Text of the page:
With this messaging, we still want to always bring it back to being super excited about the next year and helping our students accomplish their goals. And the earlier, the better. I always like to send out an email a few weeks ahead of time, just to let people know when our office will be closed.

People like to plan. The best part is the more advance notice you can give clients, the more respect they will have for you and your boundaries. That’s why we want to start working on this today!

Now, let’s dig deeper into boundaries and why they’re such an important part of holiday planning when you’re self-employed.

Keep Your Boundaries for Taking Time Off

This final step of planning how to work with clients during the holidays is probably the hardest of the four—and that’s keeping our boundaries. 

So, what does that look like?

For instance, if a client misses a deadline for deliverables, that means we don’t do the work on our days off. Because if we still do the work, that client knows your deadlines aren’t true deadlines.

It’s like the person who you know is going to show up late to the party. You start telling them it’s beginning 30 minutes before the real start time, but that person eventually starts to catch on and goes back to showing up late.

Sticking to your boundaries is so important as a business owner. Even if it’s not always easy. If you say that you’re not working the day after Thanksgiving, and someone messages you, sticking to your boundaries means not messaging them back. 

And if it’s too tempting, turn off your Slack notifications, Voxer, or heck, delete Facebook if you have to! 

During those times you’ve marked off on your calendar, you’re out of the office. You’re not checking email or responding to messages. Because as soon as we let things slide, it gives people permission to cross boundaries in the future.

I’ve seen it so many times where people think, “I’ll just do it this one time,” but then that one time turns into five times. So, I’m going to encourage you to stick to your boundaries. Even when it’s hard!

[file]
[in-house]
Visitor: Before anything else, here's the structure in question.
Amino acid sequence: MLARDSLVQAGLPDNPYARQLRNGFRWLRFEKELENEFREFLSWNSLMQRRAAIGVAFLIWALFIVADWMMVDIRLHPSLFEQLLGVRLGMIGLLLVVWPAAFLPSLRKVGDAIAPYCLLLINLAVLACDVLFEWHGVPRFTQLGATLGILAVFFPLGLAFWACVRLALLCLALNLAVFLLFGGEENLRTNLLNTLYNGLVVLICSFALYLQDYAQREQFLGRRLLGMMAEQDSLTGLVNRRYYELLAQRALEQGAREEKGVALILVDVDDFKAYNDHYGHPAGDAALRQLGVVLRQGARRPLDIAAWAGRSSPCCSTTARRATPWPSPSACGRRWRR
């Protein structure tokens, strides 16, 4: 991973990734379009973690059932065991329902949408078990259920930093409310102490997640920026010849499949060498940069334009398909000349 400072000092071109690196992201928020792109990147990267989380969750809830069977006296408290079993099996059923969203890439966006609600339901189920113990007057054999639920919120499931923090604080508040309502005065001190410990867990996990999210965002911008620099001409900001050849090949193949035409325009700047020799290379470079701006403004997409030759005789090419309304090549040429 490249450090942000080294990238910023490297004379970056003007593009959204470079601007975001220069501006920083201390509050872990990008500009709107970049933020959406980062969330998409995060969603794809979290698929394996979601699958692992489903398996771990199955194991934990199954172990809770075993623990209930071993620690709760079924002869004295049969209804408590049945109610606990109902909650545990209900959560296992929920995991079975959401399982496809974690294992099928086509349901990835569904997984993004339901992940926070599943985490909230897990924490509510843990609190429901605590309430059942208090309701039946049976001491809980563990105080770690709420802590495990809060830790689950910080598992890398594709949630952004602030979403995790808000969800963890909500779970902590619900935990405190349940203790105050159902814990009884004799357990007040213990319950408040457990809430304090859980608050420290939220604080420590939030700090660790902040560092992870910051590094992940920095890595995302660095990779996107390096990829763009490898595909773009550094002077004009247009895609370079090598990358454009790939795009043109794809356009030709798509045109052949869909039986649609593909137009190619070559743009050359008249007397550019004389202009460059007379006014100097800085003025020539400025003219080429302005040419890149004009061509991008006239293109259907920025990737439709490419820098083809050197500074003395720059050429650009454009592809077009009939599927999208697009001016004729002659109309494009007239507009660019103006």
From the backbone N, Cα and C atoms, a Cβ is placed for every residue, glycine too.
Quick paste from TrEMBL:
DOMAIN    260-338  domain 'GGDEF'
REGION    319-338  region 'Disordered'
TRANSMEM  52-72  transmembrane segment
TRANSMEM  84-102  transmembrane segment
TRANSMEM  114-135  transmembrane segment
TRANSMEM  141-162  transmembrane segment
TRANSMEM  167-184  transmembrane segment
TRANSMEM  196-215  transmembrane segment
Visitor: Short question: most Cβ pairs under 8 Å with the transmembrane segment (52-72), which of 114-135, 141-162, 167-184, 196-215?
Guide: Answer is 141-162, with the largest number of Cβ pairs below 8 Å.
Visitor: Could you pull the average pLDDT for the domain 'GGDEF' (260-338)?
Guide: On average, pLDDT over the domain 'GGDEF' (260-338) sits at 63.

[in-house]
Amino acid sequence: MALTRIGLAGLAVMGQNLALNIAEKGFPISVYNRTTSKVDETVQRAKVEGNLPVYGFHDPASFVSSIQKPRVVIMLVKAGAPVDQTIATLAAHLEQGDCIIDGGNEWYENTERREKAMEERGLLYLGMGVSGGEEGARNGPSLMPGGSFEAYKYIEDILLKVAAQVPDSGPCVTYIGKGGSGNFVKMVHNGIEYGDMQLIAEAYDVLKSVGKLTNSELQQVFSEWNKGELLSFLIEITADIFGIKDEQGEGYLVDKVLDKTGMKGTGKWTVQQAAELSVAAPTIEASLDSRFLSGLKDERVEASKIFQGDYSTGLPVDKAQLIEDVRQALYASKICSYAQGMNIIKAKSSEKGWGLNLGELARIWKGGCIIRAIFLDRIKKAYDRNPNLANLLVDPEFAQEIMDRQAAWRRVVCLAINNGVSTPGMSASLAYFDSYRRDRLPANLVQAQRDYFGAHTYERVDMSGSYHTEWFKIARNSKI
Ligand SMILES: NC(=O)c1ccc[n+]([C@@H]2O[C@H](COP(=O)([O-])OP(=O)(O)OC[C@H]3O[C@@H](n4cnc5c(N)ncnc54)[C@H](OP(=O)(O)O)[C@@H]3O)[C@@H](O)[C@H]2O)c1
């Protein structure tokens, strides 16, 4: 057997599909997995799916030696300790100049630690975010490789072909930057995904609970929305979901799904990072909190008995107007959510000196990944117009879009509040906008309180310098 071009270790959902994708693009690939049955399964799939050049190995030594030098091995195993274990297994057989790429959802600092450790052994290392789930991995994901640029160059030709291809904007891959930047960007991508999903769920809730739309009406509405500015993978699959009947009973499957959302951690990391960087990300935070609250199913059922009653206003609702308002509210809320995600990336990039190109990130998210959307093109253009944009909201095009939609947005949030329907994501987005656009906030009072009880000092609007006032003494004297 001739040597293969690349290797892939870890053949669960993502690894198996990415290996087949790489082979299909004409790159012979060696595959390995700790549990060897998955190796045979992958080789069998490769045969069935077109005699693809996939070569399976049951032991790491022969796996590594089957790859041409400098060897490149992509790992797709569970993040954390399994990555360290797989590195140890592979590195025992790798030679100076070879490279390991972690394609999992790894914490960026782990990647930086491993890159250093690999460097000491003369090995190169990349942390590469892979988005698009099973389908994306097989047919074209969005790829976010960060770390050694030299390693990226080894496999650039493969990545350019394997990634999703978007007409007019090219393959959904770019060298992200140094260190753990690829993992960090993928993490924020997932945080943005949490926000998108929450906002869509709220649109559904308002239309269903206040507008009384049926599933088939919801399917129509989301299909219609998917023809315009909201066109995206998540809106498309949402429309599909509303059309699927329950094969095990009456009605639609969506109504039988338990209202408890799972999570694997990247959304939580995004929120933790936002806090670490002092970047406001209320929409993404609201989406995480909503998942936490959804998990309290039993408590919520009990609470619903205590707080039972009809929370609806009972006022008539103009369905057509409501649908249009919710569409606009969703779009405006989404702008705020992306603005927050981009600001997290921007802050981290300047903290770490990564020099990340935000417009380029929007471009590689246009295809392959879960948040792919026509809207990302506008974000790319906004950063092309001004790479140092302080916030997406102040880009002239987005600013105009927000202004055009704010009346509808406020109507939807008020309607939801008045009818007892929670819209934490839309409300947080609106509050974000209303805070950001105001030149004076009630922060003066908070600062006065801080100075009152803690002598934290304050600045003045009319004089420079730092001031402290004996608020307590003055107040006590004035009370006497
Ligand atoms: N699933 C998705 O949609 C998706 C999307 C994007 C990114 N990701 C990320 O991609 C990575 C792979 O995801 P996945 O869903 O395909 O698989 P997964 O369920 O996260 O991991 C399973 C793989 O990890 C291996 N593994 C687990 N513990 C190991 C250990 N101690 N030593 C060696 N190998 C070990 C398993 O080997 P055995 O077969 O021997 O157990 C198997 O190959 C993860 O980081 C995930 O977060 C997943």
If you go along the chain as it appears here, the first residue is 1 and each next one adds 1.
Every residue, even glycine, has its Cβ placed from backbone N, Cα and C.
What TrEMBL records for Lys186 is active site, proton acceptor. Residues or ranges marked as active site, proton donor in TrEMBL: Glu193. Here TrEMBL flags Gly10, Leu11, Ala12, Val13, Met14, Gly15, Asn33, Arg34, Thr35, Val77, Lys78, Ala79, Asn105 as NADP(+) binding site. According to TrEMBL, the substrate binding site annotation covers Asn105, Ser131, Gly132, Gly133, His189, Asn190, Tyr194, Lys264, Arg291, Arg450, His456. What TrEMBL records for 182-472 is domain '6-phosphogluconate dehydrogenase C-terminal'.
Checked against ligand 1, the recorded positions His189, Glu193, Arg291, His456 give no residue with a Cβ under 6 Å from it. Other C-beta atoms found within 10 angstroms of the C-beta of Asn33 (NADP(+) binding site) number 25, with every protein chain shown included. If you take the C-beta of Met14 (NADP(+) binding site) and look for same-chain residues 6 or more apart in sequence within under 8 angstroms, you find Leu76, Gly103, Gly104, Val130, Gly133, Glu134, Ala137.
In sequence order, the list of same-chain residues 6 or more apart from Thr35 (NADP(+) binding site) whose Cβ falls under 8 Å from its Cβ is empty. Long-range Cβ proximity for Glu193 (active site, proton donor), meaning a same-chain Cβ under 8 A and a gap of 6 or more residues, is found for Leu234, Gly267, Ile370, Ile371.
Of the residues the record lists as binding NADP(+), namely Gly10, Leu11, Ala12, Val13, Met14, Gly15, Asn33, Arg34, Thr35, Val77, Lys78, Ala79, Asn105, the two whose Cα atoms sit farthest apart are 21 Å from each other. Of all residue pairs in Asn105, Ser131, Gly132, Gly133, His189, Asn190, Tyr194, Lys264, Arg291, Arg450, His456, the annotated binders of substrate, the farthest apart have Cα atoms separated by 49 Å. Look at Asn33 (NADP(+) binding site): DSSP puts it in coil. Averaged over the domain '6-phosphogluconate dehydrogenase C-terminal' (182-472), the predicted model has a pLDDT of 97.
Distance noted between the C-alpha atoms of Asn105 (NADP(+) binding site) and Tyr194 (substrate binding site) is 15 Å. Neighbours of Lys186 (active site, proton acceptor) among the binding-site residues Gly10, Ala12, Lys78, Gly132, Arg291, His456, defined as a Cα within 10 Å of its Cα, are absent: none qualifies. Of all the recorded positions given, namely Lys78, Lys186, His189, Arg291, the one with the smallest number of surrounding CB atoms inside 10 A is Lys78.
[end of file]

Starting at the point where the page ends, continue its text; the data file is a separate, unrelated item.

One way we can do that is to continue to give notice to our clients or students.

You can simply say, “Hey, we’re three days out from the deadline and we still haven’t heard from you on these deliverables. I do need them in three days because I won’t be able to complete the work once it’s past that timeframe.”

Personally, my team has that in writing for our students. We shut off our calendars for booking appointments and turn on autoresponders for our email. Everyone who emails us during the holidays gets an automated email that says we’re out of the office. It says: 

“We’re out of the office celebrating the holidays with our family. Here are some FAQs and links to check out if you need help. We’ll see you back on [DATE].”

It’s one thing to have boundaries in place, but it’s another to actually keep your boundaries. So if this is something you’ve struggled with in the past, I’m going to say, commit to yourself today and that you’ll stick with the boundaries you set. 

You’re not going to check emails when you’re supposed to be off. You’re not going to respond to clients if they message you. Because this is a time for you to have off from your business.

Know that your business will still run if you take one, two, or three days off. And it’s also a commitment to your family. If you tell them that you’re going to be fully present, but then you’re on your phone, you’re checking in with clients—you’re not giving them the respect that they deserve. 

We’re actually giving our clients more respect than our family. 

And this is something I’ve had to learn about the hard way. It’s really easy for me to think I can pop into a Facebook group real quick or check my inbox, but my husband, Austin, has totally called me out on it before. 

That’s why I want you to be able to take that time for yourself to celebrate yourself, your family, and the holidays, and really be present with your loved ones, without worrying that your business will fall apart. It truly will not!

Wondering what to do if they do fall apart? Check out my episode on HOW TO HANDLE TOUGH SITUATIONS WITH CLIENTS AND THINGS YOU CAN DO TO AVOID THEM ALL TOGETHER.

Freelancing During the Holidays: Are You Ready for the Season?

The holidays are amongst us and I’m super excited y’all! If you haven’t already figured out your game plan, it’s time to start now. 

Because the truth is, you deserve to take a freelancer vacation!

Let’s grab your calendar, map out your holidays, and create your marketing schedule. Then, it’s time to tell your clients and students those plans, write your vacation email templates, and put systems in place to protect your boundaries.

 And once you have those in place, I’d love to hear your plans. What have you mapped out and committed to? What boundaries are you setting to take time off your freelance business this holiday season? Head over to @brandimowles on Instagram and let me know!